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During the fourth quarter of 2011, we have successfully completed a restructuring of our software activity which yielded a positive gross profit in the fourth quarter of 2011.
 
Research and development expenses for 2011 increased to $403,000, compared to $372,000 in 2010. The increase reflects our continuing efforts to enhance our products offering. See “Item 5B.  Liquidity and Capital Resources”.
 
Selling and marketing expenses for 2011 increased to $4.3 million from $4.1 million in 2010, mainly due to: (a) a 10.7% growth in 2011 revenues as compared to 2010 revenues , and (b) marketing expenses related to the acquisition of new international customers in both divisions.

General and administrative expenses for 2011 increased to $2.3 million, compared to $1.8 million in 2010. The increase was mainly due to: (a) expenses related to allowance for doubtful accounts which amounted to $82,000 in 2011, compared to income of $89,000 in 2010 resulting from a reverse of allowance for doubtful accounts and (b)  an increase of approximately $185,000  in management salary and directors fees. See Note 19 to the Consolidated Financial Statements for the year ended December 31, 2011.

During 2011, the Company recognized an impairment loss of $555,000 related to customer list and a brand name, of which $470,000 related to the Supply Chain segment and $85,000 related to the RFID and Mobile solutions segment. The fair value of the brand name and customer list related intangibles was determined by the income approach method. Assumptions in the fair value assessment included: the impact of changes in revenues from major customers, economic conditions, revenue and cash flow forecasts for the remaining lives of the intangibles and the Company's weighted average cost of capital. During 2010, no impairment losses were identified.
 
As a result of the above, operating loss in 2011 amounted to $973,000, compared to an operating profit of $1.26 million in 2010.

Financial expenses for 2011 were $ 2.24 million, compared to $961,000 in 2010. The increase in the financial expenses in 2011 was due mainly to: (a) expenses of $860,000 related to the conversion of convertible loans pursuant to amended agreements (see Note 13 to the Consolidated Financial Statements for the year ended December 31, 2011); and (b) expenses related to changes in fair value of forward contracts in the amount of $44,000 in 2011, compared to income of $141,000 in 2010 (See Notes 2o and 17 to the Consolidated Financial Statements for the year ended December 31, 2011).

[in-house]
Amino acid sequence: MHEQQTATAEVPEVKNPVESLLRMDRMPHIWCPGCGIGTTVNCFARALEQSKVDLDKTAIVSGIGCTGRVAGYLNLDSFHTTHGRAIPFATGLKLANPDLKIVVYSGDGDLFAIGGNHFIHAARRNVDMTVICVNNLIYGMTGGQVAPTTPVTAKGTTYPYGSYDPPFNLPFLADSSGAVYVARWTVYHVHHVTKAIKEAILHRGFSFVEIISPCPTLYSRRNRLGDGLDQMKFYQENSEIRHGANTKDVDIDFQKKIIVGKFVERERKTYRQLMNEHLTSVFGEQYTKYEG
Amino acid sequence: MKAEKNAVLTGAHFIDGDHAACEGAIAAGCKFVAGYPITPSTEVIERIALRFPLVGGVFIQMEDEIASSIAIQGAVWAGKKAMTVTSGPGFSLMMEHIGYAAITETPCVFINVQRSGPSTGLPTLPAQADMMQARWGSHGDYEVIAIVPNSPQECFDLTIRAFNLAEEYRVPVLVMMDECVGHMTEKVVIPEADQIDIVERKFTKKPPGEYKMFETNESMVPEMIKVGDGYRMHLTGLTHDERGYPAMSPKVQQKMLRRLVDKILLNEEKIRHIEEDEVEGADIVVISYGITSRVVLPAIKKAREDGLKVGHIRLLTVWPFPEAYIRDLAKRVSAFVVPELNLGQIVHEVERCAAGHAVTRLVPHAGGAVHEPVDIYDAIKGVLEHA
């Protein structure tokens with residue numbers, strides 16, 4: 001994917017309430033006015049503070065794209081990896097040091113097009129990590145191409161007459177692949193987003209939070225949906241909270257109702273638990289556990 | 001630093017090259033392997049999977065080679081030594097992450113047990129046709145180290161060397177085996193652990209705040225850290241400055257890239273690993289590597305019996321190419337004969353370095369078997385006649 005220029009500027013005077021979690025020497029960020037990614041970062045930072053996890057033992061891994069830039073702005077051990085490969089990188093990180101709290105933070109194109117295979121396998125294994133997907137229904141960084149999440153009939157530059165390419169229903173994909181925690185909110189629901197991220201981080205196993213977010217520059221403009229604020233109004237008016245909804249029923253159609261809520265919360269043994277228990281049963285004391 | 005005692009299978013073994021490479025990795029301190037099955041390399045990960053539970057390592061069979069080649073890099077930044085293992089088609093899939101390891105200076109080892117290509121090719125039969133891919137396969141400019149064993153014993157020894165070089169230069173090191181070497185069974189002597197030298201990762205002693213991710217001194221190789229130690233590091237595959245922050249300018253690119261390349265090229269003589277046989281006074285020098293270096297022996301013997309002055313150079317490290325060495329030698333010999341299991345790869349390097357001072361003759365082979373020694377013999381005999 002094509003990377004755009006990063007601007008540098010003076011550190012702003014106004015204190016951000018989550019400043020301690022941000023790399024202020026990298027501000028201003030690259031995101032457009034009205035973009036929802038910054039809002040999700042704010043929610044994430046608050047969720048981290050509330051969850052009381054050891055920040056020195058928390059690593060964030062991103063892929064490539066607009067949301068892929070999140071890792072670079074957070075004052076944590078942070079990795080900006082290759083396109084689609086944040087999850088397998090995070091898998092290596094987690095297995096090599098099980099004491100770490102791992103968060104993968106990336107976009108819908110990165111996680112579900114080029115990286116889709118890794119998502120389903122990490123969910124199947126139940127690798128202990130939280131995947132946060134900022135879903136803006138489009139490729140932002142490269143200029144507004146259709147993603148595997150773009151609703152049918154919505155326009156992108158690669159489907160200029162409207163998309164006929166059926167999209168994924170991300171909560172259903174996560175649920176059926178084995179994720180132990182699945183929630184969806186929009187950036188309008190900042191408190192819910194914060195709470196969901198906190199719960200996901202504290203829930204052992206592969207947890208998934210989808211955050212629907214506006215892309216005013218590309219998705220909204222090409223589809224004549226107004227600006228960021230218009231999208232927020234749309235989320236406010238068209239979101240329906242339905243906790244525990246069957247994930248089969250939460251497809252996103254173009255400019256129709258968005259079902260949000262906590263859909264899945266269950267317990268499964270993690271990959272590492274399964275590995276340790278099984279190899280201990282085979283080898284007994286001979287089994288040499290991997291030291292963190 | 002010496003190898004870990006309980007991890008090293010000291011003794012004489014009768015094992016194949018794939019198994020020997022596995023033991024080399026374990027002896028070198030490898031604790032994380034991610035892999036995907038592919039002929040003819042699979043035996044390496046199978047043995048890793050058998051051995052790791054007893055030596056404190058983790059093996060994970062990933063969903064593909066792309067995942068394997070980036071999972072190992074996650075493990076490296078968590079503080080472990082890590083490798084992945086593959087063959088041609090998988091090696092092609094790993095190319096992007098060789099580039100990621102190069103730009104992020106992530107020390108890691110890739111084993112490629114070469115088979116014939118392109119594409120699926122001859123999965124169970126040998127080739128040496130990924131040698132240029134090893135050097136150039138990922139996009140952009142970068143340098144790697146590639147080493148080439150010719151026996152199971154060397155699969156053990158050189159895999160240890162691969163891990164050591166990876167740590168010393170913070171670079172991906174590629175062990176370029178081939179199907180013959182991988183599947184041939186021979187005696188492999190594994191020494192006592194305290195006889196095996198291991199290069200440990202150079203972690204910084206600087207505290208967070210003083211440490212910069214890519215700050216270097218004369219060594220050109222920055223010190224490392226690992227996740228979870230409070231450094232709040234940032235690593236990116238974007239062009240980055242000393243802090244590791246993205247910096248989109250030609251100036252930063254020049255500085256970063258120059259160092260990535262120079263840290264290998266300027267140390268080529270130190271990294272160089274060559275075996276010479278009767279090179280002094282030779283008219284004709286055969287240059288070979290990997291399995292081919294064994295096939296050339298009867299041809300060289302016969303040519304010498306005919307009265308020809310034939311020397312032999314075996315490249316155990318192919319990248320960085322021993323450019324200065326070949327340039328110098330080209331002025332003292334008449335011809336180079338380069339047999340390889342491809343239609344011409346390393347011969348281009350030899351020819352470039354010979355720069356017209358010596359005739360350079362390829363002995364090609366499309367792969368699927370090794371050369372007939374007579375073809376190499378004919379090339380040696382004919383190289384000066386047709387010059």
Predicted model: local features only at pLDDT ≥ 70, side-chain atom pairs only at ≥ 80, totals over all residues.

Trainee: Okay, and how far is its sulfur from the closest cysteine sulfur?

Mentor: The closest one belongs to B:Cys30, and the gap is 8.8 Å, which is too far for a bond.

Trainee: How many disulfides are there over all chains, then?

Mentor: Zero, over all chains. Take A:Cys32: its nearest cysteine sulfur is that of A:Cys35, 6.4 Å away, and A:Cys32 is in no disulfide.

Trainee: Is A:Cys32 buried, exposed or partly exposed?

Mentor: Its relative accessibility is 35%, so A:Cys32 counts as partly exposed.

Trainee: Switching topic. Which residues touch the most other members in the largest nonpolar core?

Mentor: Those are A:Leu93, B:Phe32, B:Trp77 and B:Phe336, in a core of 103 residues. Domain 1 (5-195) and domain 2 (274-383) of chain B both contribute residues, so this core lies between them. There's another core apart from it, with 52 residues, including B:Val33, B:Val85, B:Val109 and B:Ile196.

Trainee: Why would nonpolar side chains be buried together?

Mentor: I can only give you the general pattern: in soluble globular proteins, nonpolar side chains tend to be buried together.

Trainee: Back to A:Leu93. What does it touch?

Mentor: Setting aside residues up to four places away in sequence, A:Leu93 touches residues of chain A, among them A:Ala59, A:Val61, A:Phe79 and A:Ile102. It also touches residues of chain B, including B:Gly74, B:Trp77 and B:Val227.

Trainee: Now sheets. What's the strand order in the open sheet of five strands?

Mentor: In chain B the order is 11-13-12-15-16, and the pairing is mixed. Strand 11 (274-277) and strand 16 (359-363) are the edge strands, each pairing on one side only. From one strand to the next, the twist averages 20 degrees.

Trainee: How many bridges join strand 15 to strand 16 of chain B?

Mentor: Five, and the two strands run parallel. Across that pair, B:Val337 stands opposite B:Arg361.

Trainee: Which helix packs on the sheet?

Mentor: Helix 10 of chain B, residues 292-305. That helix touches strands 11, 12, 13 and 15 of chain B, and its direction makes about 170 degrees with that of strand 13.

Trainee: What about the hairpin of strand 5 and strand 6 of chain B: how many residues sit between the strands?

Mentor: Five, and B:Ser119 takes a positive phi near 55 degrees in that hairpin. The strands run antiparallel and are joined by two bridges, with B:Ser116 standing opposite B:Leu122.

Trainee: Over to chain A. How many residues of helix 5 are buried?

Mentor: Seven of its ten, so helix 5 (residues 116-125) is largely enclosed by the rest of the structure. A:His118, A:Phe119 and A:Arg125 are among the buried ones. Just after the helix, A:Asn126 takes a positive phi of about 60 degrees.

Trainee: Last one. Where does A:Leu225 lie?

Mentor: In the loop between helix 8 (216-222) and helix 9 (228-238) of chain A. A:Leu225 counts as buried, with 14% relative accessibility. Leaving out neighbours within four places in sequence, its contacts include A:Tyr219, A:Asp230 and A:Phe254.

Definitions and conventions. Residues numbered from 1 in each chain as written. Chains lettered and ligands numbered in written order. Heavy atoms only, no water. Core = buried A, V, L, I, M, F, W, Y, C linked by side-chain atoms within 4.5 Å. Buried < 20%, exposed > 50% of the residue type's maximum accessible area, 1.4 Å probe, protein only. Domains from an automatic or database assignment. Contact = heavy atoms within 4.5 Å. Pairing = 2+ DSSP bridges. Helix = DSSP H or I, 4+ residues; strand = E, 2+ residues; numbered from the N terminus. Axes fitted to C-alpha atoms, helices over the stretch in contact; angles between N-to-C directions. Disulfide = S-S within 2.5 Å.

Other expenses in 2011 and 2010, which amounted to $172,000 and $120,000, respectively, were mainly due to the decrease in the value of the Company investments in NWB and Surf.
 
Tax benefit in 2011 amounted to $172,000, compared to a tax on income of $5,000 in 2010. Tax benefit in 2011 is mainly related to uncertain tax positions accounted for in accordance with ASC 740 (see Notes 2m and 16i to the Consolidated Financial Statements for the year ended December 31, 2011).

Loss from continuing operations in 2011 amounted to $3.2 million compared to income of $171,000 million in 2010. On a per share basis, the basic and diluted net loss per share from continuing operations in 2011 was $1.14, compared to net earnings per share of $0.07 in 2010.
 
 
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Loss from discontinuing operations in 2010 of $806,000 was due to the closing of the operation of Lynk and its subsidiary Summit in November, 2010. Both companies belong to the Supply Chain division. There was no similar loss in 2011.On a per share basis, the basic and diluted net loss per share from discontinuing operations in 2010 was $0.31.

Comparison of 2010 and 2009
 
Revenues for 2010 were $30.2 million, compared to $25.5 million in 2009. The growth in revenues was in both our Mobile and RFID and Supply Chain divisions.

Gross profit for 2010 was $7.5 million (gross margin of 24.8%), compared to $3.5 million (gross margin of 13.7%) for 2009. The improvement in the gross profit in 2010 is attributed mainly to a minor inventory write-off in the amount of $36,000 compared to a $2.2 million inventory write-off in 2009, which was attributed to the global economic slowdown in 2009.